Lake Tahoe Community College likely to trim PE offerings | TahoeDailyTribune.com
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Lake Tahoe Community College likely to trim PE offerings

Lake Tahoe Community College will need to scale back its physical education offerings in order to prepare for the state’s budget decisions.

In early January, the California Legislative Analyst’s Office released a report stating that physical education classes are not in the mission of California community colleges, said Lori Gaskin, LTCC vice president of student services and academic affairs.

The primary mission for community colleges is to provide transfer credits to a major university, career technical education and basic skills courses, Gaskin said.



In the May revision of the state budget, the governor reduced funding physical education and recreation classes, Gaskin said.

The governor’s proposed budget reduces apportionments for PE and recreation courses statewide by $120 million – 40 percent of what was originally allocated, according to the California Community College Athletic Association Web site.




The reduced funding for physical and recreation education has not been approved, but colleges have been encouraged to focus on the primary mission, Gaskin said.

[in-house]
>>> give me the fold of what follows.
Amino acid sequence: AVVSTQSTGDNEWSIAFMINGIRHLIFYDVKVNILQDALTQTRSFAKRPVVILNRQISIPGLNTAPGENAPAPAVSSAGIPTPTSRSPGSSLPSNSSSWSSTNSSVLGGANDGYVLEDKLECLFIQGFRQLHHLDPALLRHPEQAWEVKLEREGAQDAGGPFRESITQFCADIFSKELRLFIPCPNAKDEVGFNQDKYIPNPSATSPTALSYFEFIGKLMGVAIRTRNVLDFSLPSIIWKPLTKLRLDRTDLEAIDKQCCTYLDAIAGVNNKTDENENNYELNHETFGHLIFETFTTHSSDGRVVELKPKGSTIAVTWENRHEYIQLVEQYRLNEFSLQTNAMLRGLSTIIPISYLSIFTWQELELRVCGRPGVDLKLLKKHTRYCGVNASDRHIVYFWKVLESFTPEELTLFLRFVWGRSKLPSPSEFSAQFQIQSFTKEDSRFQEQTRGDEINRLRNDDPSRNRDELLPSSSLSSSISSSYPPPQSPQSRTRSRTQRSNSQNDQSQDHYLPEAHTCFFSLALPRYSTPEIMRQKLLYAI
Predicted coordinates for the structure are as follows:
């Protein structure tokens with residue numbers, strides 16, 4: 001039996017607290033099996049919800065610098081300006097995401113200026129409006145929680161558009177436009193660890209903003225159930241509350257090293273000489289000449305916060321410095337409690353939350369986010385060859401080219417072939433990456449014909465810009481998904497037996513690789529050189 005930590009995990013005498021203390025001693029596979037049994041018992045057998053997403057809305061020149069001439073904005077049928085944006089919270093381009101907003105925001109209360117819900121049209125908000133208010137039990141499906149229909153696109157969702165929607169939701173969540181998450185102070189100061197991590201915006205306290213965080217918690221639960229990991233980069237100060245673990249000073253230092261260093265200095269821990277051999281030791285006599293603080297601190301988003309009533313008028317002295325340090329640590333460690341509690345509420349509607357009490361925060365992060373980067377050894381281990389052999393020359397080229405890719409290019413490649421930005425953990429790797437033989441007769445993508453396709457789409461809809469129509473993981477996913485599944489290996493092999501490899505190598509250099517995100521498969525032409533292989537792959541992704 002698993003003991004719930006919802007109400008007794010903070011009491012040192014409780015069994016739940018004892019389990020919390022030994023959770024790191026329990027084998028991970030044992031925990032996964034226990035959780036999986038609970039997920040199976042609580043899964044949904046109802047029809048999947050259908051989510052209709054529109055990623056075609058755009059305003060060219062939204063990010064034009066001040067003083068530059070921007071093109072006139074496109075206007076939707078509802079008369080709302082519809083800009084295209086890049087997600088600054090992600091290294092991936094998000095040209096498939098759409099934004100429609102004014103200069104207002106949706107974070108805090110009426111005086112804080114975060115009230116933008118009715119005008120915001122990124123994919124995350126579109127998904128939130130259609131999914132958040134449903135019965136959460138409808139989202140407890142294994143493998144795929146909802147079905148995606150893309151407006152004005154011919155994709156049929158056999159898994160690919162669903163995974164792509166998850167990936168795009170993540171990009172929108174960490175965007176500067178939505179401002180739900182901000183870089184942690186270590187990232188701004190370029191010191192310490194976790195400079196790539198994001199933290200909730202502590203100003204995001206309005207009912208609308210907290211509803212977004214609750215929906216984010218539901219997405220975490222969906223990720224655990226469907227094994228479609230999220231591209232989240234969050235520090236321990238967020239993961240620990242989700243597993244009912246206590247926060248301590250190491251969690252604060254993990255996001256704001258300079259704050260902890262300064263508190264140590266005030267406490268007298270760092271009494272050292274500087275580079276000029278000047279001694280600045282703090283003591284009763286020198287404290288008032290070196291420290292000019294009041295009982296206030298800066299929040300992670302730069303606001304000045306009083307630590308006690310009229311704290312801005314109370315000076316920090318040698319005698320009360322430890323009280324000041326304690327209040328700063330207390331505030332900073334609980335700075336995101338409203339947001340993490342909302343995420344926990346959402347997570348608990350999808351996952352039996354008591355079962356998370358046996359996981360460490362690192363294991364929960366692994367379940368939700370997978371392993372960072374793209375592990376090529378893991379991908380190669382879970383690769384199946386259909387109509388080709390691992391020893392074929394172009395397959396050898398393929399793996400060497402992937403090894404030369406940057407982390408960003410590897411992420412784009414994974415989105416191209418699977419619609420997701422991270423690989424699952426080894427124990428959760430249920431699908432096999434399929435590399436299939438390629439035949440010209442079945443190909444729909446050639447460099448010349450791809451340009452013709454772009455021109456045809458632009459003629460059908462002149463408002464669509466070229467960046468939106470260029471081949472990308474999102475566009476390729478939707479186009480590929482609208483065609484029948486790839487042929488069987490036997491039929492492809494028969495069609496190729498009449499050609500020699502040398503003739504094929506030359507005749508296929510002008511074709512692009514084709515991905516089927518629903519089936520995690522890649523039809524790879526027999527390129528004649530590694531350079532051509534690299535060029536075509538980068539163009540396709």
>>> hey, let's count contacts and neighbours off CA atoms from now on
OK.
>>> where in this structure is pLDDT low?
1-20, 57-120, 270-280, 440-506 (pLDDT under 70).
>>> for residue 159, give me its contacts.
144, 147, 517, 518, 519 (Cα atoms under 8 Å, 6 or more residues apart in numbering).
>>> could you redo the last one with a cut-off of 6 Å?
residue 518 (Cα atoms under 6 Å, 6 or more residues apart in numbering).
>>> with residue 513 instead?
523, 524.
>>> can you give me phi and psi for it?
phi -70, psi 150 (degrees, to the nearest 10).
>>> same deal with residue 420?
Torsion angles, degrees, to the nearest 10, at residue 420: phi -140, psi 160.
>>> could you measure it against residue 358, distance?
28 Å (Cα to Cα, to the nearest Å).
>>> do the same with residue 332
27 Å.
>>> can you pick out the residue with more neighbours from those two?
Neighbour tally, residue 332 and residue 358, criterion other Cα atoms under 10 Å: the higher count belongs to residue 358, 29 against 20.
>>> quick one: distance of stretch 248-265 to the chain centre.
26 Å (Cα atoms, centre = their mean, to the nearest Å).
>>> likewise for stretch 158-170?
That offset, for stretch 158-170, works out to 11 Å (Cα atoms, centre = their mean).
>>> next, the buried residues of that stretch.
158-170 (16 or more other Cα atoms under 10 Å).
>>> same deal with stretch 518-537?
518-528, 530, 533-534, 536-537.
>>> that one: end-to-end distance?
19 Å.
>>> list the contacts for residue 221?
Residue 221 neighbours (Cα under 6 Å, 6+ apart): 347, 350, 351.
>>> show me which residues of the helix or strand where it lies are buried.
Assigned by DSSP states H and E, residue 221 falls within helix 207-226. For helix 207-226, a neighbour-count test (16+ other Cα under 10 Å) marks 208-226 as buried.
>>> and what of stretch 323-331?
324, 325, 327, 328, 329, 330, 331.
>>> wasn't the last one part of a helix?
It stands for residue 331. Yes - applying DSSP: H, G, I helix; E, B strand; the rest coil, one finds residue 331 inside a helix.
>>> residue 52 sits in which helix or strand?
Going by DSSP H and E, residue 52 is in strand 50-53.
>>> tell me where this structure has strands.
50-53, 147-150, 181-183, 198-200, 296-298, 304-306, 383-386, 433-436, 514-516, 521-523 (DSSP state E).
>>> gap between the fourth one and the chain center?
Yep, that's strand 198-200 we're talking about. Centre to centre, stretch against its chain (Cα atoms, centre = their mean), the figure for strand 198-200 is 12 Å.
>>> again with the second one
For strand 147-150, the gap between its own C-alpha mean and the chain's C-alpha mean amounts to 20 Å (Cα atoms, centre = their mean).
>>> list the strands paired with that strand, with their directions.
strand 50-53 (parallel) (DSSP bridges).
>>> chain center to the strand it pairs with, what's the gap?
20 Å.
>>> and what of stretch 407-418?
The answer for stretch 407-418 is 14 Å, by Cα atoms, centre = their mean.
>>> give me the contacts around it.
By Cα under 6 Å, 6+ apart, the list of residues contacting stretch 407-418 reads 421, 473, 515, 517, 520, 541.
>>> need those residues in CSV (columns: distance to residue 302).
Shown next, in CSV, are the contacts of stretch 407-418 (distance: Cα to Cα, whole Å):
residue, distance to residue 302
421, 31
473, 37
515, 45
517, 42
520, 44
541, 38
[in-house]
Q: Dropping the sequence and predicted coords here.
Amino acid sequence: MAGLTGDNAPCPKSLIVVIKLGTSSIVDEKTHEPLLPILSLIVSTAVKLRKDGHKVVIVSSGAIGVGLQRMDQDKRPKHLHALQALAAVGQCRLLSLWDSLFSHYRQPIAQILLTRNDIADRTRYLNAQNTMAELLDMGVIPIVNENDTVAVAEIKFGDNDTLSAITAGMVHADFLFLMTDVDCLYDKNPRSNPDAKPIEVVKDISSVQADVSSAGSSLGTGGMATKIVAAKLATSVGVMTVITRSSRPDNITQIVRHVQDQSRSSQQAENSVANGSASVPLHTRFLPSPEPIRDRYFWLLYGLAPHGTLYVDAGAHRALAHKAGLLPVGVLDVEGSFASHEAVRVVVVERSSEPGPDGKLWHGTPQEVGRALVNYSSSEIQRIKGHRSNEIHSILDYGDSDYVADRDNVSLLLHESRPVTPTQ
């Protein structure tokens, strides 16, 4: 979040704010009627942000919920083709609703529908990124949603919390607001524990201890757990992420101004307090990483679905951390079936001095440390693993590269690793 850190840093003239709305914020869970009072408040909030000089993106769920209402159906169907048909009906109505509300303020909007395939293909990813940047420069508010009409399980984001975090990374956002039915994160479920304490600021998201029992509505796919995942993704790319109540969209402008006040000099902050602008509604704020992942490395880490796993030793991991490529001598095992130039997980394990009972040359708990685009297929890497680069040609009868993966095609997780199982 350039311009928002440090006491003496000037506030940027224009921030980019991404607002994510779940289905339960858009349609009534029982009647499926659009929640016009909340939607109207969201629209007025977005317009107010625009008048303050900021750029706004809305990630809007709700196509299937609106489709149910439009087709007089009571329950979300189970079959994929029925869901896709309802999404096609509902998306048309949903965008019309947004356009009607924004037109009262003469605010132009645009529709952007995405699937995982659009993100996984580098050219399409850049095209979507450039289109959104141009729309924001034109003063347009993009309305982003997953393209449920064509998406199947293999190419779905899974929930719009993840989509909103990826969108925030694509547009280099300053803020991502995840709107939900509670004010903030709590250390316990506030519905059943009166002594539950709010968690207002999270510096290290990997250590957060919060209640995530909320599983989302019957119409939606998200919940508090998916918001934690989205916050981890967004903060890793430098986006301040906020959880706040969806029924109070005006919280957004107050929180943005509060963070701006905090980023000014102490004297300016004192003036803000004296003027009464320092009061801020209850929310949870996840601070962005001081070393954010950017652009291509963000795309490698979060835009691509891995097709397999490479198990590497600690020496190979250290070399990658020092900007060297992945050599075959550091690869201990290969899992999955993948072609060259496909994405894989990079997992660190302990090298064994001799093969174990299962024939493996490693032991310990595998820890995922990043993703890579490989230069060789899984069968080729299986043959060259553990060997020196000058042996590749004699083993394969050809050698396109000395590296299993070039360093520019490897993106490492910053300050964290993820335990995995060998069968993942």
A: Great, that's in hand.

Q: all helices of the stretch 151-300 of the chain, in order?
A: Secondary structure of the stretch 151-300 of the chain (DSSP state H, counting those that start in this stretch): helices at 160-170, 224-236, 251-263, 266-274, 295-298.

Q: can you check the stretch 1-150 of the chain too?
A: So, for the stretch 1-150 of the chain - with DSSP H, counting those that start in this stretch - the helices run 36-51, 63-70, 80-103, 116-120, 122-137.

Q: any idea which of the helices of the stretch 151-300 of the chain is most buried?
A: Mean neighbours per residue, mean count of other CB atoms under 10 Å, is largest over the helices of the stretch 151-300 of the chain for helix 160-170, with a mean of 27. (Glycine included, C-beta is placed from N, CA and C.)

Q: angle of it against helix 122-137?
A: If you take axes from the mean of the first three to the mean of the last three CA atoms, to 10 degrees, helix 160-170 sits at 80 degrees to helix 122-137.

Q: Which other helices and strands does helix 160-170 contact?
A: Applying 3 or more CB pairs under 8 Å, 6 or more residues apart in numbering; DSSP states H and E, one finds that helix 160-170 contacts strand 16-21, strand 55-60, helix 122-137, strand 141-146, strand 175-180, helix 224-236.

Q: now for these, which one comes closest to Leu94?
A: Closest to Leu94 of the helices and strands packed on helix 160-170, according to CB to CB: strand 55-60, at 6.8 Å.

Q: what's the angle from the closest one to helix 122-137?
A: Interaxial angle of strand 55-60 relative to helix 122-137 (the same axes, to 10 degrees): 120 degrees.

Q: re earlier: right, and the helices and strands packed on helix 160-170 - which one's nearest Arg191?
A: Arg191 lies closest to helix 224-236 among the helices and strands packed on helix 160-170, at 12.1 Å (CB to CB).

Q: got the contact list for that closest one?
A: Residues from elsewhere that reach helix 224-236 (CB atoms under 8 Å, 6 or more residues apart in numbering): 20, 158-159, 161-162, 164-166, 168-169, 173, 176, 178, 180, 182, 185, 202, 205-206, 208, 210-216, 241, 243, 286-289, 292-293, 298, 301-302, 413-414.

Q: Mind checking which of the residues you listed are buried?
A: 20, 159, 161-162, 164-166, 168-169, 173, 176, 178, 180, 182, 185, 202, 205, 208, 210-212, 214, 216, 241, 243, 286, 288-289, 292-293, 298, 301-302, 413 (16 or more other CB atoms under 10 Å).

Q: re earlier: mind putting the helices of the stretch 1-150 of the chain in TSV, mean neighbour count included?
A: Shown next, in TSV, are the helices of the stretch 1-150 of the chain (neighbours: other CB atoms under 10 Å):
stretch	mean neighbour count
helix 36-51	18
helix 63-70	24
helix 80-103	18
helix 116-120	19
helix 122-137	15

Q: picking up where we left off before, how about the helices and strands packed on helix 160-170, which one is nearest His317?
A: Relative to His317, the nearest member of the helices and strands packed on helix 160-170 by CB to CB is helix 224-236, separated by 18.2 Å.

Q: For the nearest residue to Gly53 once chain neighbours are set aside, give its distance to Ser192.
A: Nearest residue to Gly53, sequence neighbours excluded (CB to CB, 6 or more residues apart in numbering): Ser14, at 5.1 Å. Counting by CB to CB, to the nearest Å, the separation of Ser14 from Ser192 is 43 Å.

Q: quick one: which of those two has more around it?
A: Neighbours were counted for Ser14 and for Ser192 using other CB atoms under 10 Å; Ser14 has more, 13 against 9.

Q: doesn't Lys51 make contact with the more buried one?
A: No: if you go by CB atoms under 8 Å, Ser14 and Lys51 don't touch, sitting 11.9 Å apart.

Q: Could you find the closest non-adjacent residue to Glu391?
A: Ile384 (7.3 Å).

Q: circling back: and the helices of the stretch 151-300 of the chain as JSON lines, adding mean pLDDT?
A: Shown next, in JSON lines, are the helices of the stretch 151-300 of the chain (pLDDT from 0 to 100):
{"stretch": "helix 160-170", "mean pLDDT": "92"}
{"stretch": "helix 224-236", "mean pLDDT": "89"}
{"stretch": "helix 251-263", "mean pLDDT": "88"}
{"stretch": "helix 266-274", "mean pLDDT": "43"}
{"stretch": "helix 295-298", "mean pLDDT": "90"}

At the LTCC Board of Trustees meeting, it was suggested that PE instruction assistant hours be reduced from 400 to 40 hours.

Even thought the budget hasn’t been approved, LTCC Interim Vice President of Business Services Guy Lease said it’s pretty clear that the message is to scale back PE offerings statewide.

Lease said the physical education classes meet the needs and desires of the community, and now colleges are being treated as if it is wrong to offer them.

LTCC President Paul Killpatrick said the message from the government is physical education shouldn’t be subsidized, and active adults should join gyms if they want to stay fit.

Board member Frederick “Fritz” Wenck said the news is unfortunate because recreation courses are some of LTCC’s signature classes.

Gaskin said the governor’s proposal did not define what “recreation courses” were, so it is still unclear which classes would receive reduced apportion-ments.


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